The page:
For such a "real communion" to have any meaning, it has to make a clean and full break with the apostates. The proper response to those -- like +Duncan -- who share their principles but are still in communion with (and members of) apostate jurisdictions is to say "we'll welcome you with open arms, once you are no longer a member of an apostate jurisdiction and have broken off all sacramental ties with it. Until then, we cannot count you as a full member." This also means saying to the CoE (and ++Williams) "while we certainly continue to share a friendly regard for you because of our common heritage, and while we'll certainly be willing to continue in various Anglican-tradition meetings and consultations, like Lambeth, nevertheless, because you are in sacramental commuion with apostates, and because you yourself do not measure up to the "mere Anglicanism" of our Covenant, we are not in full sacramental communion with you -- even though we remain in the 'Canturbury Anglican Communion' (which isn't - and never has been - a "real communion" anyway) with you."

This would be a break from how the G.S. has operated to date -- since, for all its occasional strict messages to PEcUSA and the AciC, has continued to try to straddle two ultimately incompatible positions.

Secondly, all this talk of "sacramental communion" and its implications -- although it reflects the implicit ideals of Scripture as well as the practice and teaching of the undivided Church for a millennium, as well as the Western catholic and Eastern orthodox traditions since then, not to mention the Anglican teaching and understanding at least until the last century -- is, to greater or lesser extent, alien to modern Protestants.

In a stereotypical "Protestant" view, there's little or no difference between "fellowship" and "communion", and the Eucharist is just a symbol and acting out of an existing "fellowship", rather than the sacramental bond which creates the spiritual reality of "full sacramental communion" that is more intimate and substantive than the mere Christian "fellowship".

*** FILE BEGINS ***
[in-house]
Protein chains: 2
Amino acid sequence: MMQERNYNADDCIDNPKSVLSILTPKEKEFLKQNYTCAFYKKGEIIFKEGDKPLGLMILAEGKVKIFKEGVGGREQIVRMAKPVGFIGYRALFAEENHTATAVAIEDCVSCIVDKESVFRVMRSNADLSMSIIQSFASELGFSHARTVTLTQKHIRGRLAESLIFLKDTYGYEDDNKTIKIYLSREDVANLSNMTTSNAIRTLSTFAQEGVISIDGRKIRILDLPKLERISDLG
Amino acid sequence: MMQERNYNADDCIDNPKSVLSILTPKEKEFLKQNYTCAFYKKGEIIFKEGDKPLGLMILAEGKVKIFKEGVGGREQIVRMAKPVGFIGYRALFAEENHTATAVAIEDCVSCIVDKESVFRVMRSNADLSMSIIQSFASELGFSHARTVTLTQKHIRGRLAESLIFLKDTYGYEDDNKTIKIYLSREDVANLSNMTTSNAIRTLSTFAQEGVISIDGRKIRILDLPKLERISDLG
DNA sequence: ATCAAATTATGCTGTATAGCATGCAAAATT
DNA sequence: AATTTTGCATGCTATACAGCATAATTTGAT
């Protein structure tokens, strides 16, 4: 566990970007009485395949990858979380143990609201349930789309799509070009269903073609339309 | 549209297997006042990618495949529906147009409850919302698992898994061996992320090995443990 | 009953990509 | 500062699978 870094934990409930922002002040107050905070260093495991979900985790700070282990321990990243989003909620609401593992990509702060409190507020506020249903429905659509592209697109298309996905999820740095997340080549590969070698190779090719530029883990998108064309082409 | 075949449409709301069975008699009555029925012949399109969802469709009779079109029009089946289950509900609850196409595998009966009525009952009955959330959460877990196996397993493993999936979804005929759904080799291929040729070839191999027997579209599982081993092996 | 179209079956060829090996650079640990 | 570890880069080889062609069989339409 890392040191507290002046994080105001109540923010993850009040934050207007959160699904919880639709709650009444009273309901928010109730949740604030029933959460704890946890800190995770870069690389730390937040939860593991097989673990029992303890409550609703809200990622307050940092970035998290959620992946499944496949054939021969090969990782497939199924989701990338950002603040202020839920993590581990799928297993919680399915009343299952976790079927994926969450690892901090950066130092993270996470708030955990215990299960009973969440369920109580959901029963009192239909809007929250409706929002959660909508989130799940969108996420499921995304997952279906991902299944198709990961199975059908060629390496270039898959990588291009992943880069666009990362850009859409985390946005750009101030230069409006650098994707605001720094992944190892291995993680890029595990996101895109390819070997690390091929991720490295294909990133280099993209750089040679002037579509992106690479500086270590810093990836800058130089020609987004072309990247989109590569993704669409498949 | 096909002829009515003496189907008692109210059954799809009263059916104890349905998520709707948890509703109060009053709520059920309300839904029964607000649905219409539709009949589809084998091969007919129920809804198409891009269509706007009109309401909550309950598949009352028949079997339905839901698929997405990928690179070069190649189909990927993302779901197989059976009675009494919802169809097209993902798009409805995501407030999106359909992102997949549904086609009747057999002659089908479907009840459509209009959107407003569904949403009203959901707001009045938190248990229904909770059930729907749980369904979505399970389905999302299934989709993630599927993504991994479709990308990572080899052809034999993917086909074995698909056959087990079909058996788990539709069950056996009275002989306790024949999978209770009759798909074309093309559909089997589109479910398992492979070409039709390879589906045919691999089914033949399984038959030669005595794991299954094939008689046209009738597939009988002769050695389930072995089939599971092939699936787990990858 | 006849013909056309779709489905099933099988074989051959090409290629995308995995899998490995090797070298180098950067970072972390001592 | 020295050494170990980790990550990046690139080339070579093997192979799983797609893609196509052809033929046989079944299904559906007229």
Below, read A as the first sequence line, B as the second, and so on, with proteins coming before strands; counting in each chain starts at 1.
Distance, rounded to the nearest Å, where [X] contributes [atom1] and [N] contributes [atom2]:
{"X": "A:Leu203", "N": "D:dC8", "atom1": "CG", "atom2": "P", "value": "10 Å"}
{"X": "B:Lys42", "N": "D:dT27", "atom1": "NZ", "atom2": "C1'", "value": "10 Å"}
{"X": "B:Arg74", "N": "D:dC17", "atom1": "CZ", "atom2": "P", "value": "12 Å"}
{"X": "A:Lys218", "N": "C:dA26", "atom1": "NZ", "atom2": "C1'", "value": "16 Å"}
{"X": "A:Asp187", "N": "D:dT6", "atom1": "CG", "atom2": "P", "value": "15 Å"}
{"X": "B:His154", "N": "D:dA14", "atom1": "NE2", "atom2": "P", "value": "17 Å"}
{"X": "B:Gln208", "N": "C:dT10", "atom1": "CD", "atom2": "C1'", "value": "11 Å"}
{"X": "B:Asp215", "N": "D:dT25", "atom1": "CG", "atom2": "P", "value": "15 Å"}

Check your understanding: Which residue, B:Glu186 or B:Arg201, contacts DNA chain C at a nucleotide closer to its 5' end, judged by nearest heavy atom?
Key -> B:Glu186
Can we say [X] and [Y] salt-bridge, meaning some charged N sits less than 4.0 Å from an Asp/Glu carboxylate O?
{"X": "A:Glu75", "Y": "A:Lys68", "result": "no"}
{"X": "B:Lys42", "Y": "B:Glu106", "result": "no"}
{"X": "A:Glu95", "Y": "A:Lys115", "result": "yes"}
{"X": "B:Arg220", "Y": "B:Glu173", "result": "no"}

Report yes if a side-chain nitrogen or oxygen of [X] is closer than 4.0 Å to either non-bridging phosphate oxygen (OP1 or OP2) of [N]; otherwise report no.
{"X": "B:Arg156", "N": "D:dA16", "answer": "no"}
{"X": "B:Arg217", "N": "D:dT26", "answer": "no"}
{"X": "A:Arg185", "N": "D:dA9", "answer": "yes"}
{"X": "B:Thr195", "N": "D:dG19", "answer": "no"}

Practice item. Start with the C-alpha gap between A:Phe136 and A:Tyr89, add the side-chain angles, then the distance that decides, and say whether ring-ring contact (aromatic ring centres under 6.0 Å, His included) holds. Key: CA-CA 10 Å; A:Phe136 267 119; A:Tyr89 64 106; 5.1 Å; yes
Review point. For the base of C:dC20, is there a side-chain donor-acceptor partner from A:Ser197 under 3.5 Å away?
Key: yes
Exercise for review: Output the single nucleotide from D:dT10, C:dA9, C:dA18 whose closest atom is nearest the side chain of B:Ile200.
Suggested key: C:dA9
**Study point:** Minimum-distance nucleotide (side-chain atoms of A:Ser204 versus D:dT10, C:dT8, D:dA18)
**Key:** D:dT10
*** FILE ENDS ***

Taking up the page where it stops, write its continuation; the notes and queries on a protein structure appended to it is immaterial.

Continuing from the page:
Accordingly, insofar as parts of the G.S. are more "Protestant" on this score, they may lack the theological and ecclesiastical understanding to make such a distinction -- friendly (or even not-so-friendly) "fellowship" with the CoE and others VS full sacramental communion with the genuine Anglican Christians -- in the first place. Now, that's making it black and white -- there are "intermediate" positions (of varying degrees of coherence) between those poles, and it may be that many of the relevant G.S. jurisdictions are "catholic" enough to make the distinctions.

But whether the G.S. jurisdicitons share enough common ground on (and respect for) catholic (and traditional Anglican) sacramental theology & its implications so as to support the two-tiered approach... I don't know.

Submitted by LP at 6/9/2008 12:33:54 PM
Also keep in mind there are several layers of Communion in the AC. Most of the GS are, right this moment, either in "impaired communion" or "broken communion" (the latter being Episcobabble for "not in communon") with the heretical Provinces.